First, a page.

Christopher McBride, a nationally recognized saxophone player, knows it’s been the small steps that led to a big moment for him being a Grammy Award winner as a contributor on the Generation Gap Jazz Orchestra album.
The work was selected in the Best Large Ensemble Jazz category. Steve Feifke and Bijon Watson, co-leaders of Generation Gap Jazz Orchestra, invited McBride to perform on the album.
“To be a contributor to a Grammy-winning project is still surreal,” the 2002 Homewood-Flossmoor High School graduate said. “My performance being recognized by the Recording Academy is an honor that not everyone receives in my profession.
“I am truly grateful to be recognized in such company as well as being a part of music history. Thanks to Steven Feifke and Bijon Watson for trusting me with their project. I will continue to carry a standard of excellence in my musicianship and character for the rest of my career.”
McBride said the album was produced during the COVID pandemic.
“The coolest thing about that project, it was completely remote. We did not meet in the studio at all. In fact, I didn’t meet some of my band mates who were on the project until the Grammys,” he said.
McBride credits his parents for recognizing his interest in music at a very early age. He was in Suzuki lessons at 4, sang in a choir at 7, and started on the saxophone at 10. He was in the Parker Junior High band and then joined the Homewood-Flossmoor High School Jazz Band as a freshman.
He said everything changed for him when he was on the H-F Band Tour of Ireland and London. He remembers meeting musicians playing with singer Madonna.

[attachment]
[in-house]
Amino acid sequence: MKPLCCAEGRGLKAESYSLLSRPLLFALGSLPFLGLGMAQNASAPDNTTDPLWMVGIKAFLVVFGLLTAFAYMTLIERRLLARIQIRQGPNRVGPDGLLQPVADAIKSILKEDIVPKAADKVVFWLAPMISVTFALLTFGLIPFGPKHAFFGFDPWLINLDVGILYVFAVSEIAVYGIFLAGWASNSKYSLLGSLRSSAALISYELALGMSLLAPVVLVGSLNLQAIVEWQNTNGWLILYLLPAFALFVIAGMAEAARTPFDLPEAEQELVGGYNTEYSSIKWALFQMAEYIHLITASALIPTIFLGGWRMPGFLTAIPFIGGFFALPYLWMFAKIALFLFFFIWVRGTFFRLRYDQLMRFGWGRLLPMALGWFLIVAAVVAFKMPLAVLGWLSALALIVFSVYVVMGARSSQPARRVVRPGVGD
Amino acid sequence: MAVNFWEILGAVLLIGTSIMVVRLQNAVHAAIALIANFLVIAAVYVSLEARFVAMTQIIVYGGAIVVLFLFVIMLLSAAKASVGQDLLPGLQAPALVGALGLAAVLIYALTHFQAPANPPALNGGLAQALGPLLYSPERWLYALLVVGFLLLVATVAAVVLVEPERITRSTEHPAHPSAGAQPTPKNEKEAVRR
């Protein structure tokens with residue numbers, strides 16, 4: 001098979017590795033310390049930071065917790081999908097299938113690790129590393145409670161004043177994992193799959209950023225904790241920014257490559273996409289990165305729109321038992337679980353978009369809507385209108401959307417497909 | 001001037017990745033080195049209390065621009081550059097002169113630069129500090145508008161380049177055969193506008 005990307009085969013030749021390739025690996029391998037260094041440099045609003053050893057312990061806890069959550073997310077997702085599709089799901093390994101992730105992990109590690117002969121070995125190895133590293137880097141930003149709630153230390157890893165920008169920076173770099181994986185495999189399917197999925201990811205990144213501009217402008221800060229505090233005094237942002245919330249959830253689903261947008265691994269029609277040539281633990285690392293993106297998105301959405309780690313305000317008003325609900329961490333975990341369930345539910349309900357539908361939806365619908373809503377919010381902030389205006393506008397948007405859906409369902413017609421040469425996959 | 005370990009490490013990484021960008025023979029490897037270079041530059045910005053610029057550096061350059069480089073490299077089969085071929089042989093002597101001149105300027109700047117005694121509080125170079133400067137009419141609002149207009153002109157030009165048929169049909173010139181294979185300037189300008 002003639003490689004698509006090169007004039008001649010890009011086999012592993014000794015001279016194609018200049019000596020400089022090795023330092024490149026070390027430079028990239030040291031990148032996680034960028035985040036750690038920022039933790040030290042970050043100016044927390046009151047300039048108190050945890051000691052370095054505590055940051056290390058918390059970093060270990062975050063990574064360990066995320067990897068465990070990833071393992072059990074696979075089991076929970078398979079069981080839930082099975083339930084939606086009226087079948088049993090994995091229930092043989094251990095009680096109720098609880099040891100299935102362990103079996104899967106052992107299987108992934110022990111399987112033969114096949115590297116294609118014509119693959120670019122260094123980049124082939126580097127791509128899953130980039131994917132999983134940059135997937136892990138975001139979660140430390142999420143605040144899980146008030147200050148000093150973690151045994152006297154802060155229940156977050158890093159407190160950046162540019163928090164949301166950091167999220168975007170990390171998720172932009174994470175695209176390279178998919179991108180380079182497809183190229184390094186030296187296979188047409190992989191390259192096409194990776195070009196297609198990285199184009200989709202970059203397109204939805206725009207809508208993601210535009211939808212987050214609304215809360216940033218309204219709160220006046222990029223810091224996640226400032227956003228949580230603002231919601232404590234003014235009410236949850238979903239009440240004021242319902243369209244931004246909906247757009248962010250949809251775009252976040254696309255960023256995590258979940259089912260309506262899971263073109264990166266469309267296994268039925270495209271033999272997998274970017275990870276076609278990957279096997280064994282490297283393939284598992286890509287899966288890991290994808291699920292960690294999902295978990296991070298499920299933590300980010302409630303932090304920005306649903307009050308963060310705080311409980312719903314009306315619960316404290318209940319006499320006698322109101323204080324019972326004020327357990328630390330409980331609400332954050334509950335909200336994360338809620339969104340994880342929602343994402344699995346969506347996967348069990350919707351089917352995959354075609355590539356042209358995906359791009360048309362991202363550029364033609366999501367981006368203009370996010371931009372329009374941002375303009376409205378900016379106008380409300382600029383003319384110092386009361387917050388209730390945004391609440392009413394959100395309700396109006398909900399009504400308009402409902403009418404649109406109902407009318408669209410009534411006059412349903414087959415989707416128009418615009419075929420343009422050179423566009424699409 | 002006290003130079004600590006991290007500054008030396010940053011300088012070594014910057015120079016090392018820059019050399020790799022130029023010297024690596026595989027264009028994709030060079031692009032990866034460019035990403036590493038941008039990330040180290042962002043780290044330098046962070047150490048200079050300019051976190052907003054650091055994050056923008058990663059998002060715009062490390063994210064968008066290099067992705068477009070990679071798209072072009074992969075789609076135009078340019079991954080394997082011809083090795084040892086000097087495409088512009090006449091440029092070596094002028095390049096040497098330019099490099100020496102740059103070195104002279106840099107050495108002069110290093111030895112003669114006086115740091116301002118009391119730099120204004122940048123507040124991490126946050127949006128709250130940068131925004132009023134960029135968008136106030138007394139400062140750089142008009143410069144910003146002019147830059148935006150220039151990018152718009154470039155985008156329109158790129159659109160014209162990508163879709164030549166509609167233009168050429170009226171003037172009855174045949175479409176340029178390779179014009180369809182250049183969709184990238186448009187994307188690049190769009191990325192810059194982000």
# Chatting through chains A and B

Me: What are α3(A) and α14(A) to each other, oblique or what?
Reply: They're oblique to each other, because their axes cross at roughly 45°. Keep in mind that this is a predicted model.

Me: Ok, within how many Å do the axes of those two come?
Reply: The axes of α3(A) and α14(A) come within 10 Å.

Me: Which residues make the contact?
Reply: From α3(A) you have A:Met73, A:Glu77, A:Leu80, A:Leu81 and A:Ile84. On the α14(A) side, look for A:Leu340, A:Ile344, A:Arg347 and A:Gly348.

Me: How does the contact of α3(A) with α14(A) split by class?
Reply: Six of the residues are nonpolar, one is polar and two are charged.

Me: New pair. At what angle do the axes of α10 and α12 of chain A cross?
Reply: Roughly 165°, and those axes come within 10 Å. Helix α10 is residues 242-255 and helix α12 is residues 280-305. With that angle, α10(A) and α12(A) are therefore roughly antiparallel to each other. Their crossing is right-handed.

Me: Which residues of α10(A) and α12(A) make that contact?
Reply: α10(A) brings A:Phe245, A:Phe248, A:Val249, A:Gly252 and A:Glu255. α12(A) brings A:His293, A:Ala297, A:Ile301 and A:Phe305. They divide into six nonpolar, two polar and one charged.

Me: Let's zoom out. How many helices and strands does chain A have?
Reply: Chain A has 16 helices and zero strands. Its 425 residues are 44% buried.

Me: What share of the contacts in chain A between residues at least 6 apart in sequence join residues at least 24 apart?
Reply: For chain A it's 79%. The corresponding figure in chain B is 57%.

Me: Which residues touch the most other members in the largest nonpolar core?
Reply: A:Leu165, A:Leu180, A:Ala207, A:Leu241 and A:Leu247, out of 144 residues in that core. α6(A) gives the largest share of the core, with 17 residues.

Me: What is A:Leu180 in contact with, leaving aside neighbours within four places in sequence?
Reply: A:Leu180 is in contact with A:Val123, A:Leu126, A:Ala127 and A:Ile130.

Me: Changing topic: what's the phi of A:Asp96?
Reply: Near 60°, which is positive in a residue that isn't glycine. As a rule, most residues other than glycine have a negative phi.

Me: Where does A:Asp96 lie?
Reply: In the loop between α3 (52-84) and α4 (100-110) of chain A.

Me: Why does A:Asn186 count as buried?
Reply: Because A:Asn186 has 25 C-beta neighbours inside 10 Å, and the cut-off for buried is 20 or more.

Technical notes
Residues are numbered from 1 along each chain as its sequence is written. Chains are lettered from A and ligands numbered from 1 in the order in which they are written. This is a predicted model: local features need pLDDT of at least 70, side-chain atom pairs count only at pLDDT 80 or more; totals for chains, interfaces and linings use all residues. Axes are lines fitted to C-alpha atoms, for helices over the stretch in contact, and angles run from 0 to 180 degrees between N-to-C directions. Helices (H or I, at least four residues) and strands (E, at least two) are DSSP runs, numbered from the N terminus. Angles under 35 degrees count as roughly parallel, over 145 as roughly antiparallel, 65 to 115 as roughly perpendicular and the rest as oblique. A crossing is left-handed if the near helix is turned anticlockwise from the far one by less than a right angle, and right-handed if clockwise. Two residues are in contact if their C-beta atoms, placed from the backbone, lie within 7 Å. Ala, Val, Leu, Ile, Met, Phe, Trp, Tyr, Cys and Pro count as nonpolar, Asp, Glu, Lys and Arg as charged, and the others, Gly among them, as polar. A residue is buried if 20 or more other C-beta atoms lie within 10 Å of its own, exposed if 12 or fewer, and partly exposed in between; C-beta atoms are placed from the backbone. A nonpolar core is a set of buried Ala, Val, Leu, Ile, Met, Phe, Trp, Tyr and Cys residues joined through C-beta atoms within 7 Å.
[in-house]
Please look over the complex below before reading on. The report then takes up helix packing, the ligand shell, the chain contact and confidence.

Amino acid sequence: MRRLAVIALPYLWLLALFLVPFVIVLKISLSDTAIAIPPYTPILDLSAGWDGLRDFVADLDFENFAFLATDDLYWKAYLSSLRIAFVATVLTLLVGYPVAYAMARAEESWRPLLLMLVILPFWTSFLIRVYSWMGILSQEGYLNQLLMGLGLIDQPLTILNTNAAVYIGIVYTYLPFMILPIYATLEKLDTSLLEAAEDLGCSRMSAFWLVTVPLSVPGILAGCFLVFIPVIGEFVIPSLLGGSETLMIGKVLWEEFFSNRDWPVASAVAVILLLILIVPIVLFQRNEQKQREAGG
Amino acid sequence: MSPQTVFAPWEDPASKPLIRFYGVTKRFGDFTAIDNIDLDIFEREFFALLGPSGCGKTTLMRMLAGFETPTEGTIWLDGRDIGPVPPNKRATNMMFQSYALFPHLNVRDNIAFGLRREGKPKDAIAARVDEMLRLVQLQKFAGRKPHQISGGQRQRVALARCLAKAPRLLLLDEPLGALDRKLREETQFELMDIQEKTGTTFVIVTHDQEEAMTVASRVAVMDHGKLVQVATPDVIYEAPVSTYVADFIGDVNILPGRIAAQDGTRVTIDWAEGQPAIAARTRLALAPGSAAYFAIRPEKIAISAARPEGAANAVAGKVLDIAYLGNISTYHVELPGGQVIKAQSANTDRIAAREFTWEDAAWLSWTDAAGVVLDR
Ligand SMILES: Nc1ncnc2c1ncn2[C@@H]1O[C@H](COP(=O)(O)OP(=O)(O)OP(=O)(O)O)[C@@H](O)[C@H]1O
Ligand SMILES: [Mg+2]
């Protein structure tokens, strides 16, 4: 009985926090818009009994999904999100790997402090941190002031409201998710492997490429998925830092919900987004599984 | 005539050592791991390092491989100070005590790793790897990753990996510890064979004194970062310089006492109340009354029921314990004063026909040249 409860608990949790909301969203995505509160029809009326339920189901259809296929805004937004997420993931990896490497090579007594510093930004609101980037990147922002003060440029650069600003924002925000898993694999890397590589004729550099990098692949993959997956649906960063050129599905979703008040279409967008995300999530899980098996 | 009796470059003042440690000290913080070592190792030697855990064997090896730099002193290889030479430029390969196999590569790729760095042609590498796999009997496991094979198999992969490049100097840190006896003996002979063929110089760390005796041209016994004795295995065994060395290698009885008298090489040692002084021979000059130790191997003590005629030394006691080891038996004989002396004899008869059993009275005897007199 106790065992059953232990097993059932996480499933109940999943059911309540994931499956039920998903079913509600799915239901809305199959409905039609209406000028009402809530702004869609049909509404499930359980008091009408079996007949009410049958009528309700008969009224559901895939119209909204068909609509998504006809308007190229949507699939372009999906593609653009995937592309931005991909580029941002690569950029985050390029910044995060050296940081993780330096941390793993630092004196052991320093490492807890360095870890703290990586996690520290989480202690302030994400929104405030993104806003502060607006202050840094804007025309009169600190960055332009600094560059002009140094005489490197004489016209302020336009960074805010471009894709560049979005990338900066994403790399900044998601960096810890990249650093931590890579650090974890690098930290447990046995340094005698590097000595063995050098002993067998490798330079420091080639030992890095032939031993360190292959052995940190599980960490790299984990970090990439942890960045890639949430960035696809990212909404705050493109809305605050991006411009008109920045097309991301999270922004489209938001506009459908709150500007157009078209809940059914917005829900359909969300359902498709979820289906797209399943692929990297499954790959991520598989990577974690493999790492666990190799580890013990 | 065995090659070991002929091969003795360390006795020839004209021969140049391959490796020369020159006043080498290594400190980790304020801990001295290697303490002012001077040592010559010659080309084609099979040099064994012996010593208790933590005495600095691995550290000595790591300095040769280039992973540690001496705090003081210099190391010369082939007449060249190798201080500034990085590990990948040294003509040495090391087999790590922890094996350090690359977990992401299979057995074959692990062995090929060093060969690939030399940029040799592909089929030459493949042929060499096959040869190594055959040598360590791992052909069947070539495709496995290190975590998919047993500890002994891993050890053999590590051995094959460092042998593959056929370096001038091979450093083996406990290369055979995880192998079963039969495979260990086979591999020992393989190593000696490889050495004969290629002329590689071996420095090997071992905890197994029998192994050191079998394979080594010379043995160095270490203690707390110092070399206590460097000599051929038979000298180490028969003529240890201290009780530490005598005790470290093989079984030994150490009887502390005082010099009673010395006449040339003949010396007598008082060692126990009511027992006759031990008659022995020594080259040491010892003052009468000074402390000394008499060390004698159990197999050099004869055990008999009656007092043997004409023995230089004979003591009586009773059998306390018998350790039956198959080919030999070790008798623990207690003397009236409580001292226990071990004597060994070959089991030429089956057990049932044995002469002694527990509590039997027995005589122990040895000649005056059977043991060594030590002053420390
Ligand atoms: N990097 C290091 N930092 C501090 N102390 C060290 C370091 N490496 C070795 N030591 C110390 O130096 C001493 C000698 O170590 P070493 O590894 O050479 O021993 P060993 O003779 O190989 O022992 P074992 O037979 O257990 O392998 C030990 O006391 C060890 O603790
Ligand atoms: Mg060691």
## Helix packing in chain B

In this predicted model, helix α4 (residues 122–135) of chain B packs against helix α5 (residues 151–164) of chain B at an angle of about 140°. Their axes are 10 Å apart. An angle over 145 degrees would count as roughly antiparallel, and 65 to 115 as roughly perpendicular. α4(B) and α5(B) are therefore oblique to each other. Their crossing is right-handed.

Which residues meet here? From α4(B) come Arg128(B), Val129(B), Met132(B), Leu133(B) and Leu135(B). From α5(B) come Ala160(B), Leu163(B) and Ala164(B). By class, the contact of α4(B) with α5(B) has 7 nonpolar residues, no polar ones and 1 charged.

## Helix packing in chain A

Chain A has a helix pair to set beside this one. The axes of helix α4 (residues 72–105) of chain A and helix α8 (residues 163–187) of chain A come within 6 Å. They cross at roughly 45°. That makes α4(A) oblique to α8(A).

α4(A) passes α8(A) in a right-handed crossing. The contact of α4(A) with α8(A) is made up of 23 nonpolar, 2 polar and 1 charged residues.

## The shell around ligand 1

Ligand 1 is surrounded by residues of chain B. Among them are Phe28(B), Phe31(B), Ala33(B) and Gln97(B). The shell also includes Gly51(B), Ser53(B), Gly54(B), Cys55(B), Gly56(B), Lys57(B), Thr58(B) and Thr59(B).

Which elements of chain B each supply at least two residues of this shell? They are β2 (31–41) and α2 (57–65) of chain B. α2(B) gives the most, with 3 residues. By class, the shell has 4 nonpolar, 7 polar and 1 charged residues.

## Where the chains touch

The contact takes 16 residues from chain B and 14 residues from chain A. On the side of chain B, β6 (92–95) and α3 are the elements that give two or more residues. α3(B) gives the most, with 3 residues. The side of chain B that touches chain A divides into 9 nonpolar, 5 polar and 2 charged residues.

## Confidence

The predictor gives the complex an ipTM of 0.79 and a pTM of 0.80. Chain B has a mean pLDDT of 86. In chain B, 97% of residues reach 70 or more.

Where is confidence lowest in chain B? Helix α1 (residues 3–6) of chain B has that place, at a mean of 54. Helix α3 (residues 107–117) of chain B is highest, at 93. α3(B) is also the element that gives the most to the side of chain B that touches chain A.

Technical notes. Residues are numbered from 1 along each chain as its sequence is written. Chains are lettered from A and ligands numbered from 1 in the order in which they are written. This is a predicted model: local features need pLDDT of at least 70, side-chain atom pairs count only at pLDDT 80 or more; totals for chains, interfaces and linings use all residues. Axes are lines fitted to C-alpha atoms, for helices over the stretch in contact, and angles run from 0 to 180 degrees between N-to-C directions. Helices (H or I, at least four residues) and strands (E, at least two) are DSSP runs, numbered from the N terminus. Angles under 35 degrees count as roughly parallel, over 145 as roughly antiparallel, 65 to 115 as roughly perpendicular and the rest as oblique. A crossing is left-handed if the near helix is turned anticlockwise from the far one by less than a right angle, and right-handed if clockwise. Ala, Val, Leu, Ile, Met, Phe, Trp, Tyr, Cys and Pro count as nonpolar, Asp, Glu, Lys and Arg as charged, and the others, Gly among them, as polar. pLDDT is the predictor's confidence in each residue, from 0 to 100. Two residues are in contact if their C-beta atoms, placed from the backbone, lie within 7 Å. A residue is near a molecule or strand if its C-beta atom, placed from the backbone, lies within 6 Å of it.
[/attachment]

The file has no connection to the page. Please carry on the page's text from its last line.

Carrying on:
“I said, ‘You’re getting paid to play music?’ After than I was running with it,” he recalled.
After graduating from H-F, McBride went to Northern Illinois University and graduated in 2008 with a bachelor’s degree in music education. He was already starting to play professionally, but he used his degree teaching music for three years.
“I couldn’t do both at a high level, so I started being a full time musician in 2012, moved to New York in 2013,” he said. He started touring playing jazz, hip hop, R&B while also enrolled at Queens College where he earned a master’s degree in jazz studies in 2017.
Today he is based in Harlem. His career focuses on performance, education, arranging and composition.
As a composer, McBride was selected the 2022 Make Jazz Fellowship artist at The 18th Street Arts Center in Santa Monica, California. The prize allowed him to spend time off the road to focus on composing for three months.
“I really felt like I made the most of the time as far as getting work done that I wanted to get done, and at the same time I was able to enjoy Santa Monica and spend time with friends,” he said. McBride expects to be releasing his new pieces on an album in 2024.
On Feb. 17, he released his second album “Ramon,” with musicians Jonathan Edward Thomas and Luke Carlos O’Reiley on piano; JS Williams on trumpet; Noah Jackson on bass; Cedric Easton in drums; Morgan Burrs and Bobby Broom on guitar; J Hoard on vocals; Kenny Bentley on tuba; and Corey A. Wallace on trombone. The album is available on Bandcamp, iTunes and all streaming platforms (Spotify, Apple, Tidal).
McBride travels to schools across the country as part of JazzReach, a not-for-profit founded in 1997 that has become a leading arts organizations dedicated to jazz.
As varied as his career is, McBride said, “All of these steps have been little steps that have led to a big moment — little steps in persistence and most importantly just taking the work that I do and taking pride in my relationships with people. You do the work a little bit at a time and every time you do it it gets a little bit better. The journey is really worth it in the end.”